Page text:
Sunday, September 15, 2013

Someone Left the Cake out in the Rain

I'm always on the lookout for artists who are "big" but whose work is stupid and weird and lovely, intelligent without having to try too hard, but also completely comfortable with the boundlessness of not being smart.  I hit the jackpot with Joyce Pensato.  She's been around for over 30 years, but recently her work has been getting attention all over the place, chiefly for her show last year at the Friedrich Petzel Gallery in NYC titled "Batman Returns," pictured above. 

Her strategy and practice have a decidedly outsider-art smell and shimmer:  take what's out there and internalize it in an odd, festered, beautiful manner, then externalize what's been internalized obsessively through a variety of means.  Pensato does this by finding incredible shit at thrift-stores (toys, figurines, what have you), bringing the objects back to her studio, and then molesting them artistically.  The paintings are like Phillip Guston smashing into Franz Kline, all abstract-expressionist and dumb as hell, parodies and homilies simultaneously.  Someone left the cake out in the rain, so to speak.  The sumptuous apocalypse of her work is like a queen letting us in on the torture she provides to her subjects.  I love the crap in the center of the gallery too:  Mike Kelley (RIP) eat your heart out.  There's a feeling here of love lost and rediscovered somehow in the ashes after that trailer in Pink Flamingos goes up in flames.  It's poetic but also, as I said previously, completely and delightfully stupid.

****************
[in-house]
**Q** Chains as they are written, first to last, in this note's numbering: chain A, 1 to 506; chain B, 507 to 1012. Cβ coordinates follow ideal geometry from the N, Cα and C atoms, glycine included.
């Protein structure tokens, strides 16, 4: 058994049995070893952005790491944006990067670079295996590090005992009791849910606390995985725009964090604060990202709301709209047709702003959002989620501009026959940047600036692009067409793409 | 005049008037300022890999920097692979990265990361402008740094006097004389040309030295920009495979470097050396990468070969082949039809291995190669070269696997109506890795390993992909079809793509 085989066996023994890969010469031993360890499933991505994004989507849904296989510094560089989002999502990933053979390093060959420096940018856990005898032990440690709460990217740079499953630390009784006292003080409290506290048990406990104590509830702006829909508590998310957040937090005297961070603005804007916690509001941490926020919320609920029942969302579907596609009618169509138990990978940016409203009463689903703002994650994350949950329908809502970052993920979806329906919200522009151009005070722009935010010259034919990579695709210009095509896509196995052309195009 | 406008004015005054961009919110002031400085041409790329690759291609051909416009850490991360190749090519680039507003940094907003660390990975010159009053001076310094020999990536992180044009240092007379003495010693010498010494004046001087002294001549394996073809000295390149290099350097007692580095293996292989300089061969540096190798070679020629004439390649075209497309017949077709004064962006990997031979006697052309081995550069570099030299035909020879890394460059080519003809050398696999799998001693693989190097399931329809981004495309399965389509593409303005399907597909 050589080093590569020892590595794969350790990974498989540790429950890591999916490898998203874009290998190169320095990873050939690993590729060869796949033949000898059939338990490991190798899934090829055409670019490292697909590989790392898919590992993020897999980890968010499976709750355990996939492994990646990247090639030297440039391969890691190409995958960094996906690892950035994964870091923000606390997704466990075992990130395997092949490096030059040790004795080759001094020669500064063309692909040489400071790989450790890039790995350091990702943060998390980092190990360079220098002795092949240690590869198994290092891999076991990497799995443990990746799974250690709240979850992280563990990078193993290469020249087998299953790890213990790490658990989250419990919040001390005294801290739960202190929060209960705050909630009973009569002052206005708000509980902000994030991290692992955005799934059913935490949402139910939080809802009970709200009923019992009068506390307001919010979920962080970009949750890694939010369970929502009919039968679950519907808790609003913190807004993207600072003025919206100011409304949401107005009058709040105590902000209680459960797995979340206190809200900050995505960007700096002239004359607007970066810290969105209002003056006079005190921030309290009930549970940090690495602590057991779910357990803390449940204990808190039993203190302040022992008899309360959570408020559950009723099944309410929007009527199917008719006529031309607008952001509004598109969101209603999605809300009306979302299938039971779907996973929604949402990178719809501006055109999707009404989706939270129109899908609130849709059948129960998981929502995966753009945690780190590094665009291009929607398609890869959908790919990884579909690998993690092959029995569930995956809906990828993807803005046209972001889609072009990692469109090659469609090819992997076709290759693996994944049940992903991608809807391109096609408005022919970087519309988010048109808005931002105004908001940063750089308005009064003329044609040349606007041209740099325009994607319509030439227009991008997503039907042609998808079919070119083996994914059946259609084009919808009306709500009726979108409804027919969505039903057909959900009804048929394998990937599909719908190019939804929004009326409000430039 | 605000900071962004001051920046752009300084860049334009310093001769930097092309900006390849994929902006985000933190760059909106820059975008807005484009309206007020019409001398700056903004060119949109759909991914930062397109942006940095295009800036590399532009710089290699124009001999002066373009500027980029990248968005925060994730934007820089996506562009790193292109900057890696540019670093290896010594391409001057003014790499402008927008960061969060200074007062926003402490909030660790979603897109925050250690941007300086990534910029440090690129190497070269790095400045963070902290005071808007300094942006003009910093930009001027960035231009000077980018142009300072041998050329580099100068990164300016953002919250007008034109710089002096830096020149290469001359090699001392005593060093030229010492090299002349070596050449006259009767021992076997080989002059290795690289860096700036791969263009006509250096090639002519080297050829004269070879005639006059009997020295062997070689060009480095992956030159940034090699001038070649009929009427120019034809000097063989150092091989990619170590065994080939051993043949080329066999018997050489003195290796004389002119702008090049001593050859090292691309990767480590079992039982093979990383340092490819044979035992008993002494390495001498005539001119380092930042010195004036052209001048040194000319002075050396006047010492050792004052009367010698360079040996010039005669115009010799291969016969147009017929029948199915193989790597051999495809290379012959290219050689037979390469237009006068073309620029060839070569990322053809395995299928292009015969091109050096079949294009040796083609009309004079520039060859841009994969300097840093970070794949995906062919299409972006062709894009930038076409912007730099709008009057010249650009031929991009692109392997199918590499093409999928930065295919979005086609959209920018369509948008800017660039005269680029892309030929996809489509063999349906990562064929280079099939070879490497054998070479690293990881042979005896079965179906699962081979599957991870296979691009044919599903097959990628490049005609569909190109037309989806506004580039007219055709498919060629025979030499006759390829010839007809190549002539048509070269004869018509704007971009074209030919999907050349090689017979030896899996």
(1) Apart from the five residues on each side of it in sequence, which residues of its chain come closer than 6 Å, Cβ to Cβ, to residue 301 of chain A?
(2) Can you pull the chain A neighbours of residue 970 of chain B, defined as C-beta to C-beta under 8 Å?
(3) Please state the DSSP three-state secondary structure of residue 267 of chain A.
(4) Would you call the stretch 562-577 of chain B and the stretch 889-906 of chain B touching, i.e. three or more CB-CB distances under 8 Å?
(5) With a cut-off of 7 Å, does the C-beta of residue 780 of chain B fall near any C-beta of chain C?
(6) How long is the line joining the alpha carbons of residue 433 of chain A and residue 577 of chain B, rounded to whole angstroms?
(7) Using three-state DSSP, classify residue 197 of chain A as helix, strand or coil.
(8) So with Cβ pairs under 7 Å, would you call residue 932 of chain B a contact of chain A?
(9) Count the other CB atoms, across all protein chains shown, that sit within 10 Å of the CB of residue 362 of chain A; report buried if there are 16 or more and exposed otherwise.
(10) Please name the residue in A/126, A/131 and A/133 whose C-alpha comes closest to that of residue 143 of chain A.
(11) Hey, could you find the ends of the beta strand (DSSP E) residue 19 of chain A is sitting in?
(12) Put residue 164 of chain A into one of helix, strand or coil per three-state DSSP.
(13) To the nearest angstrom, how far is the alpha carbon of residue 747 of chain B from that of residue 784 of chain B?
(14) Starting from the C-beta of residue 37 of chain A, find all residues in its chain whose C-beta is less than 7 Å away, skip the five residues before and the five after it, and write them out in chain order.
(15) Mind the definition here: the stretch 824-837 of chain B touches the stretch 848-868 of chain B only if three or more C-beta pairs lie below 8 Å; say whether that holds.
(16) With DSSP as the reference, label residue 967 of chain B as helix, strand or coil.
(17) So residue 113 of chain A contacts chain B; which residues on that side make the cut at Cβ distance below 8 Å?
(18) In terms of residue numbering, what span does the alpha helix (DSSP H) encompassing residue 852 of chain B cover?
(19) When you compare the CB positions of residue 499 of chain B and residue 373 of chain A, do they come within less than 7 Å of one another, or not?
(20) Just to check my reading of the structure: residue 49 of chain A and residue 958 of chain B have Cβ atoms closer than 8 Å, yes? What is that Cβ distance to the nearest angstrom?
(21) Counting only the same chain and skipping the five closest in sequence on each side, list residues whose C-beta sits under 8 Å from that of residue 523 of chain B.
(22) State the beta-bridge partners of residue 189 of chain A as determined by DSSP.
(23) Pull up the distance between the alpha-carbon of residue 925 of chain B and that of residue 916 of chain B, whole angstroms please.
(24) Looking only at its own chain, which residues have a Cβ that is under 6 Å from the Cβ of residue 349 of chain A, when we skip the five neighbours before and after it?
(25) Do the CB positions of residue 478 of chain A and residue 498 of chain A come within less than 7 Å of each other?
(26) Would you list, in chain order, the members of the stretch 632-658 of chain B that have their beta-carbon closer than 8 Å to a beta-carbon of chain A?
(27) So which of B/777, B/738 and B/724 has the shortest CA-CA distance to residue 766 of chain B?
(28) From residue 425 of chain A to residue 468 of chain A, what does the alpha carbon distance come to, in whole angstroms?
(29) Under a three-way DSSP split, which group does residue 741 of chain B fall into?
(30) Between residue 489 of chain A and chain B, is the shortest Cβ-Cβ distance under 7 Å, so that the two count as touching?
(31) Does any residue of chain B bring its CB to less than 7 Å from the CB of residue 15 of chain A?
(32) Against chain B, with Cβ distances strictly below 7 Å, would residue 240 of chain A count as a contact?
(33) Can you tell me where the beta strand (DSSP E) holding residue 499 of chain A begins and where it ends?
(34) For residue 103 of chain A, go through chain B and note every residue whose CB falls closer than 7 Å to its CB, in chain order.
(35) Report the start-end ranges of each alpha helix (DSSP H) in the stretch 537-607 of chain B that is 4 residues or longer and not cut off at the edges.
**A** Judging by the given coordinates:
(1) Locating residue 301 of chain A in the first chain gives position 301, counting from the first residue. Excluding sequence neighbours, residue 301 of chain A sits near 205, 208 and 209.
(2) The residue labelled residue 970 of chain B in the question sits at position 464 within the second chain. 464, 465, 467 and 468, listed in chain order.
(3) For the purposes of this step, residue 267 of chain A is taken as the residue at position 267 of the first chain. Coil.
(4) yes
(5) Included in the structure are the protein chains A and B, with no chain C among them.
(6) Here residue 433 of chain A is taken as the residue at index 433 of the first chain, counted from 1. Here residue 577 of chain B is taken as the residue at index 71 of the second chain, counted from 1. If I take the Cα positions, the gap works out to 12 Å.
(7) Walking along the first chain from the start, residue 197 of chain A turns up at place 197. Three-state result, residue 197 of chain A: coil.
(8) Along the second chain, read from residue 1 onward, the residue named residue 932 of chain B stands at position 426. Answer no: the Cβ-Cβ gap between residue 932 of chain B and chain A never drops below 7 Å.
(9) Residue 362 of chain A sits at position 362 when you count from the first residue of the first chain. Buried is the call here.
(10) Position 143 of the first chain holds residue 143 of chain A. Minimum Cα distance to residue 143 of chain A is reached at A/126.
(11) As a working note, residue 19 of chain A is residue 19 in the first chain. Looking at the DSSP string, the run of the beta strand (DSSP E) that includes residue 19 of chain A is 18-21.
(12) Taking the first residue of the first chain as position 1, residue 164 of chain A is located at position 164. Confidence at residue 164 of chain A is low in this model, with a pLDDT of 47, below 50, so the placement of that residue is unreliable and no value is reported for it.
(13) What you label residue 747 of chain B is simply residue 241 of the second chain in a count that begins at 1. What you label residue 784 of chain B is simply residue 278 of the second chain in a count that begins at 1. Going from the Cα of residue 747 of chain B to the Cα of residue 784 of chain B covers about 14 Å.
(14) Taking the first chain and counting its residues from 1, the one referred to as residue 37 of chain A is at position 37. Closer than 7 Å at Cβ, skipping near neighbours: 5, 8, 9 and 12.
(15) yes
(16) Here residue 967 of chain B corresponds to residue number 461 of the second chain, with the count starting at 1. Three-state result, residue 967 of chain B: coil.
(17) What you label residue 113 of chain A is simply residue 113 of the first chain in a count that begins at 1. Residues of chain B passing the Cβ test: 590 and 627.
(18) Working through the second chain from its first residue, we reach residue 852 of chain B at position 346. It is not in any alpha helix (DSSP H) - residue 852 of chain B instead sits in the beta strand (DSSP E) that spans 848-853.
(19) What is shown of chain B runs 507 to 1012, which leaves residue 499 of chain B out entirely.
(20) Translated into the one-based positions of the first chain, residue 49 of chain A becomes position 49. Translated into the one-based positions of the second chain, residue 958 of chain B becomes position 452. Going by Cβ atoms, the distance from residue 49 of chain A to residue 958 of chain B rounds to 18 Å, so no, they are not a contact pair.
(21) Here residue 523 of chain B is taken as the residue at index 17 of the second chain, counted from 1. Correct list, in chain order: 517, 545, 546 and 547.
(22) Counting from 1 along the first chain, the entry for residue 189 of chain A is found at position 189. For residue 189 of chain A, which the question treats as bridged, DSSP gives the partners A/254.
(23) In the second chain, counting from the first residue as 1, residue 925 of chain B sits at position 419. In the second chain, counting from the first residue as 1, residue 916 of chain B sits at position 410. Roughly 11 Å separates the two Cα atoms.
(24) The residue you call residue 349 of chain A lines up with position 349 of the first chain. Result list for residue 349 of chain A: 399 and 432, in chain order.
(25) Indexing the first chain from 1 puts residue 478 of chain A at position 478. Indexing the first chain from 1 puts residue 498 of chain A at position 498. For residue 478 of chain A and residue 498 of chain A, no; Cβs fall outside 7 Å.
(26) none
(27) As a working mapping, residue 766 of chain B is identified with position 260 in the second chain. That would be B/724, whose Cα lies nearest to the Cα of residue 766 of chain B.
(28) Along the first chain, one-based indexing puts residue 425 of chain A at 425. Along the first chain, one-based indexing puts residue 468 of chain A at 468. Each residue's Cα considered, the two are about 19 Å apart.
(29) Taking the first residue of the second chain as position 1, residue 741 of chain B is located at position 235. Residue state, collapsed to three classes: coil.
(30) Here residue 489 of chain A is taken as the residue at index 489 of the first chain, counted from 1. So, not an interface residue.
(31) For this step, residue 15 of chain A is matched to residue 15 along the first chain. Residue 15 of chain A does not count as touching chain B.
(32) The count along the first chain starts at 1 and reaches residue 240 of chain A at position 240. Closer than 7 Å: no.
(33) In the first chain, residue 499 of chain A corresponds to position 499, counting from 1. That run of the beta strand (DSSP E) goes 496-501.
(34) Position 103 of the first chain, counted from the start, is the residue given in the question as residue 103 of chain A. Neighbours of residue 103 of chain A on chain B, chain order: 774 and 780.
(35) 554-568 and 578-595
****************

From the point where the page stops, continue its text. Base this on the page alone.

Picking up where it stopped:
Pensato has a big show opening at the Santa Monica Museum of Art soon.  I would love to go see it and get enraptured.  I think her work is another reason why we need to abandon the outsider/insider split for good.  I'm thinking of Judith Scott stealing people's car-keys and cocooning them as I look at Pensato's stuff, as well as Mose Tolliver and Thornton Dial paintings and assemblages.  I'm thinking of Robert Rauschenberg and Edward Keinholz as well.  The earned rawness of her style, the messiness taking over and persuading you it's all on purpose is a direct offshoot not just of expressionism and Pop, but outsider-art's propensity to aestheticize experience and biography while also burying the need to explain.  In other words, if you looked at Pensato's crazy-assed work you might think it's done by anybody with a need to explicate (without explaining anything) what's been bothering them for years and years.